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CardioWebinar: the evolution of digital education during the COVID-19 pandemic
  1. Balrik Singh Kailey1,
  2. Damanpreet Dev2,
  3. Daniel M Sado3,
  4. Vishal Luther4,5
  1. 1 Cardiology, Imperial College Healthcare NHS Trust, London, UK
  2. 2 Cardiology, Kettering General Hospital NHS Foundation Trust, Kettering, UK
  3. 3 Cardiology, King's College Hospital NHS Foundation Trust, London, UK
  4. 4 Cardiology, Liverpool Heart and Chest Hospital NHS Foundation Trust, Liverpool, UK
  5. 5 Liverpool Centre for Cardiovascular Science, Livepool, UK
  1. Correspondence to Dr Vishal Luther, Consultant Cardiologist, Liverpool Centre for Cardiovascular Science, Liverpool Heart & Chest Hospital, Liverpool L14 3PE, UK; vishal.luther{at}lhch.nhs.uk

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Formal face-to-face cardiology teaching was halted due to the COVID-19 pandemic, and innovation in digital education was required to fill the training gap. We created ‘CardioWebinar’ to deliver free, accessible, high-quality teaching to help maintain trainee morale and fill this gap. We hoped that by maintaining and improving knowledge we would indirectly improve patient care. This programme consisted of weekly live consultant-delivered webinars covering the breadth of cardiology, all recorded and available online for viewer convenience.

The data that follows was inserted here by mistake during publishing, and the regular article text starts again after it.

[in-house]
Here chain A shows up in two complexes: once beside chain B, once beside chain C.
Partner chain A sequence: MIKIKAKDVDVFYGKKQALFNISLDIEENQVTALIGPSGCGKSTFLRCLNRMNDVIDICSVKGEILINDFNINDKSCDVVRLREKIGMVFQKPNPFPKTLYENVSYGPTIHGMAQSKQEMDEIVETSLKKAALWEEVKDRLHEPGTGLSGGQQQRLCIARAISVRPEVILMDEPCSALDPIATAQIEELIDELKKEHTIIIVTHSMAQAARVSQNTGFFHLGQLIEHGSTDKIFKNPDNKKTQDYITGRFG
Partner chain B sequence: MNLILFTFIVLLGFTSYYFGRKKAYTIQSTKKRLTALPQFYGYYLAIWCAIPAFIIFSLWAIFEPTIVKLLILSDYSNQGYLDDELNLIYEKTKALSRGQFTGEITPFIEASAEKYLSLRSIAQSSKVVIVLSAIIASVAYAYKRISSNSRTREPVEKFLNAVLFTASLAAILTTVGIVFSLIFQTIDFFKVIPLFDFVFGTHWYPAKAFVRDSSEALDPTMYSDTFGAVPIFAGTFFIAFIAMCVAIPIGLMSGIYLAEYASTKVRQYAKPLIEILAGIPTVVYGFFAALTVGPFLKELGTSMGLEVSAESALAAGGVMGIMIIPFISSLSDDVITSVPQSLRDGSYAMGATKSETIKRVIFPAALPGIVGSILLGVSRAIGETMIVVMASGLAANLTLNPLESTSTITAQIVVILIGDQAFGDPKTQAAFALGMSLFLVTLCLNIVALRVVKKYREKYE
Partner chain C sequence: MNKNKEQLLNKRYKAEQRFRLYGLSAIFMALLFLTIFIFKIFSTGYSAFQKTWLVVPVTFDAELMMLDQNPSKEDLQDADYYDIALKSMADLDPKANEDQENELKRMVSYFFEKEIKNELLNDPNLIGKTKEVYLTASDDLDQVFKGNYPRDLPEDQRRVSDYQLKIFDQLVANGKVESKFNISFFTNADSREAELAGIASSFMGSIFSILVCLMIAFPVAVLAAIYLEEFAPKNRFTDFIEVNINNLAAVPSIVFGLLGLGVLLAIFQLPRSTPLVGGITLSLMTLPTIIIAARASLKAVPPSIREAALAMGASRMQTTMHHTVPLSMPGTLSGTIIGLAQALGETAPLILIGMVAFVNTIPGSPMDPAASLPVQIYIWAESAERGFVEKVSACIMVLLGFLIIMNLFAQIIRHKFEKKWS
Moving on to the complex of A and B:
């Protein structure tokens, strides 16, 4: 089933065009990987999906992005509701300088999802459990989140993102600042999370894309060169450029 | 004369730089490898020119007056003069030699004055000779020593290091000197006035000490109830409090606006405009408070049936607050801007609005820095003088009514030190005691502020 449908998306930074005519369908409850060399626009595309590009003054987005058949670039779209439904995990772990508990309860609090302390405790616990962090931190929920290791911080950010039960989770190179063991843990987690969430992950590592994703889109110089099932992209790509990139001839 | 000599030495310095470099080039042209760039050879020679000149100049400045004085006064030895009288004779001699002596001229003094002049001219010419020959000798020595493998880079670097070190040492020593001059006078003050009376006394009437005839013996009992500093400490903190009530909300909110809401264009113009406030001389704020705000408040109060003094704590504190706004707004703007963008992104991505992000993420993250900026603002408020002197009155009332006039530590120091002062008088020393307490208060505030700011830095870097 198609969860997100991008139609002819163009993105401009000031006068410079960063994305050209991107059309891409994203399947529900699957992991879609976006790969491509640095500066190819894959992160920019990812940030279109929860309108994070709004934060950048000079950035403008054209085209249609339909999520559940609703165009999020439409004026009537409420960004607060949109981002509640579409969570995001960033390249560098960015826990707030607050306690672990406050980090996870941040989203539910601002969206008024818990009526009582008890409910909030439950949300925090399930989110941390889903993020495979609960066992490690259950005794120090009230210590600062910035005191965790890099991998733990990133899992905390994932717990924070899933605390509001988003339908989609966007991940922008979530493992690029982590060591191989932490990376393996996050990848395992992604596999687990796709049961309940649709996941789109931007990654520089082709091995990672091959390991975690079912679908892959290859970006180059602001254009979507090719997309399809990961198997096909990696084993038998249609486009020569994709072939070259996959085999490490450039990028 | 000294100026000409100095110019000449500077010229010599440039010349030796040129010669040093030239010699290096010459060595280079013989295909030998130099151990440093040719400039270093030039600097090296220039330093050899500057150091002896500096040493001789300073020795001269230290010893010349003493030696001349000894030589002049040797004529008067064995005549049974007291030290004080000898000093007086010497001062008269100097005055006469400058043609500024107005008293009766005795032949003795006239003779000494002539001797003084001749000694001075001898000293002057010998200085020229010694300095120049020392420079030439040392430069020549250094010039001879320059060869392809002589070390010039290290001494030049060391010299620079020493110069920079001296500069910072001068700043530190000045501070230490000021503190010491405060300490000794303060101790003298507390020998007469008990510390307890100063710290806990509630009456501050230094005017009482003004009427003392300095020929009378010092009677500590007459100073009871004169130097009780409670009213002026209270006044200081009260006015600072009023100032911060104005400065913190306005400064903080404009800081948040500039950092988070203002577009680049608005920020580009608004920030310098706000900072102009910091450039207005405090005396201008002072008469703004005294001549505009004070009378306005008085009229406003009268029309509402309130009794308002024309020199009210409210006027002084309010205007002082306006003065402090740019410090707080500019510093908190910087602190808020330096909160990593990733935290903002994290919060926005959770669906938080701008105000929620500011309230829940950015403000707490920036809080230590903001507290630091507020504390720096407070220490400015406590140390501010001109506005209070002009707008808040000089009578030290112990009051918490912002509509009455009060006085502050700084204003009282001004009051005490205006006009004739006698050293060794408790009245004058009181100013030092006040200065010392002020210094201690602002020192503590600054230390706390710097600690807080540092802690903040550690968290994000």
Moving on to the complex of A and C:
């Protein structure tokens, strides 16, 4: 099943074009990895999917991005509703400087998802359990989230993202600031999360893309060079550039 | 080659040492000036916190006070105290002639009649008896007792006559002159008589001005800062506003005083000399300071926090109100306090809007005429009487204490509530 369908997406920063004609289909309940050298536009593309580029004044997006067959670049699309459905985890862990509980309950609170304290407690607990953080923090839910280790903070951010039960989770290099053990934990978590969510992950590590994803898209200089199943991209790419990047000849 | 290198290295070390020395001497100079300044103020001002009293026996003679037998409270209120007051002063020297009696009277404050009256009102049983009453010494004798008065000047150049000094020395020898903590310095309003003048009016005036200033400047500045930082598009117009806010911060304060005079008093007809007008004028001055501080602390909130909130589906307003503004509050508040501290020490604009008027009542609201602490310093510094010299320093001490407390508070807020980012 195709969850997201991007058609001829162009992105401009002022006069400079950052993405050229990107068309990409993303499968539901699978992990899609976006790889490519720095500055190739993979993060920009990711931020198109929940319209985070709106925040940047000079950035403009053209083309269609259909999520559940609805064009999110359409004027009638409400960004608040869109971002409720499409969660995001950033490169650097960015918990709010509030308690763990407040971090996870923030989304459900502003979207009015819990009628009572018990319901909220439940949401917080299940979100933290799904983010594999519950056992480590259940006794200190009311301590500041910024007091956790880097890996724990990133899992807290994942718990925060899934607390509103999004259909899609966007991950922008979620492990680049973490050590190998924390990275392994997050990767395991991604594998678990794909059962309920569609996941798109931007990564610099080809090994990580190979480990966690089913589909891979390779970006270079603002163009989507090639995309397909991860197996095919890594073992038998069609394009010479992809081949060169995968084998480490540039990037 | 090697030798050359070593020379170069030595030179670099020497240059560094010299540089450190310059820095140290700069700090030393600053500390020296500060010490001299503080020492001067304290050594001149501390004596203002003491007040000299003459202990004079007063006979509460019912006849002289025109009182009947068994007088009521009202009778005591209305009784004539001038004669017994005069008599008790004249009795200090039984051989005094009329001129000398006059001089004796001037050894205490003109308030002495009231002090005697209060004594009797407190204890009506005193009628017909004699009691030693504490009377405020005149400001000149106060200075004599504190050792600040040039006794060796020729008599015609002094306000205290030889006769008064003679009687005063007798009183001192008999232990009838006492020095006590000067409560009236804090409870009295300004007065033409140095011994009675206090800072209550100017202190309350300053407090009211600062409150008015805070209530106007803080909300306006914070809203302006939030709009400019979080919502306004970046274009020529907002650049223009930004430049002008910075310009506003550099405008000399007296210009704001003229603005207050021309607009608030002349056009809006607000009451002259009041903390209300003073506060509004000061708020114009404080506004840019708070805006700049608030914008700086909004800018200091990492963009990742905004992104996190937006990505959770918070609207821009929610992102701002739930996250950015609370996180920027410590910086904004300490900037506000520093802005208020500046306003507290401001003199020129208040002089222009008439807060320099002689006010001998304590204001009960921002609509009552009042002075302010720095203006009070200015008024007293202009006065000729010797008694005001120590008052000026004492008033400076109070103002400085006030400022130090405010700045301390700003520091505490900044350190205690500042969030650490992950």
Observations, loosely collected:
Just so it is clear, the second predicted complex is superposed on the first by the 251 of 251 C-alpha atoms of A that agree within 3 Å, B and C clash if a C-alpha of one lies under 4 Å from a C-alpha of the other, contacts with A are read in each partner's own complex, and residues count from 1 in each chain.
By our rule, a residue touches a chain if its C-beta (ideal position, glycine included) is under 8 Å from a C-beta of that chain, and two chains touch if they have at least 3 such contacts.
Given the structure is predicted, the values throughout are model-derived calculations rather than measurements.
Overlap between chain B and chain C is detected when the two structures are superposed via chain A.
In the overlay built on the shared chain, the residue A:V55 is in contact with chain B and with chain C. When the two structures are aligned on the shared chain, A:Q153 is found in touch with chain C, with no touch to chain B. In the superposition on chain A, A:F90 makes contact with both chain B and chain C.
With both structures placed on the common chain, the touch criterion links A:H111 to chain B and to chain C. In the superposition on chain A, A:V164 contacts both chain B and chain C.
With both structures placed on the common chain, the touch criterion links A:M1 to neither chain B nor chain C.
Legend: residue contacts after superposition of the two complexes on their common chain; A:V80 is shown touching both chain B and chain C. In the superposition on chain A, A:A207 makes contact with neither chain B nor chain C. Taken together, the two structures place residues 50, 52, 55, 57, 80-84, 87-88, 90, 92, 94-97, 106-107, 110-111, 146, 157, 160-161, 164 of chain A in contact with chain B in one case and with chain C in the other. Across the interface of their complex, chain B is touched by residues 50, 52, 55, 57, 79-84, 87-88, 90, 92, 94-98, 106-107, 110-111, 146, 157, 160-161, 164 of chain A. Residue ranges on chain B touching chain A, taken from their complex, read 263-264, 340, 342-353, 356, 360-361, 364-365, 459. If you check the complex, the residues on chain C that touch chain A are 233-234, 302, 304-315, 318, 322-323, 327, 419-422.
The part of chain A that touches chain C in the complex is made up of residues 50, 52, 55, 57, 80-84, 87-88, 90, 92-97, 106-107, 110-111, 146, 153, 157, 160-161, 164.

In this article, we explore the advantages and challenges of webinars in cardiology, using CardioWebinar as a case study.

Organisation

One advantage of webinars is the ease of delivery. Webinars need minimal administrative support and can be advertised on social media and through mailing lists. The event itself has no hotel fees, venue hire, catering or travel costs. Teaching can be organised relatively swiftly and at minimal cost. This simplicity has allowed CardioWebinar to deliver over 60 webinars in 15 months, watched by >15 000 people.

Breaking down educational barriers

Webinars are open to the entire healthcare team, regardless of geographical location. CardioWebinar was designed to support UK cardiology trainees, but, following a survey of 150 attendees, we learnt that a quarter of our viewers were non-trainees (physiologists, nursing staff, pharmacists, management, consultants and other junior doctors), and ~10% of our viewers were from abroad. Thus, by no longer restricting learners by grade or location, barriers are removed, opening education to all.

Content

Webinars remove the time and expense burden of travel from speakers, allowing educators from different regions to more easily participate. We could thus draw from the most enthusiastic speakers across the country, ensuring high-quality content—96% of CardioWebinar attendees rated the sessions as ‘very good – excellent’. This ease allowed less common topics to be covered (eg, aortopathies, pulmonary hypertension), as we were able to engage with speakers farther away. Indeed 84% of attendees felt CardioWebinar helped them cover more challenging areas of the cardiology curriculum.1

Recordings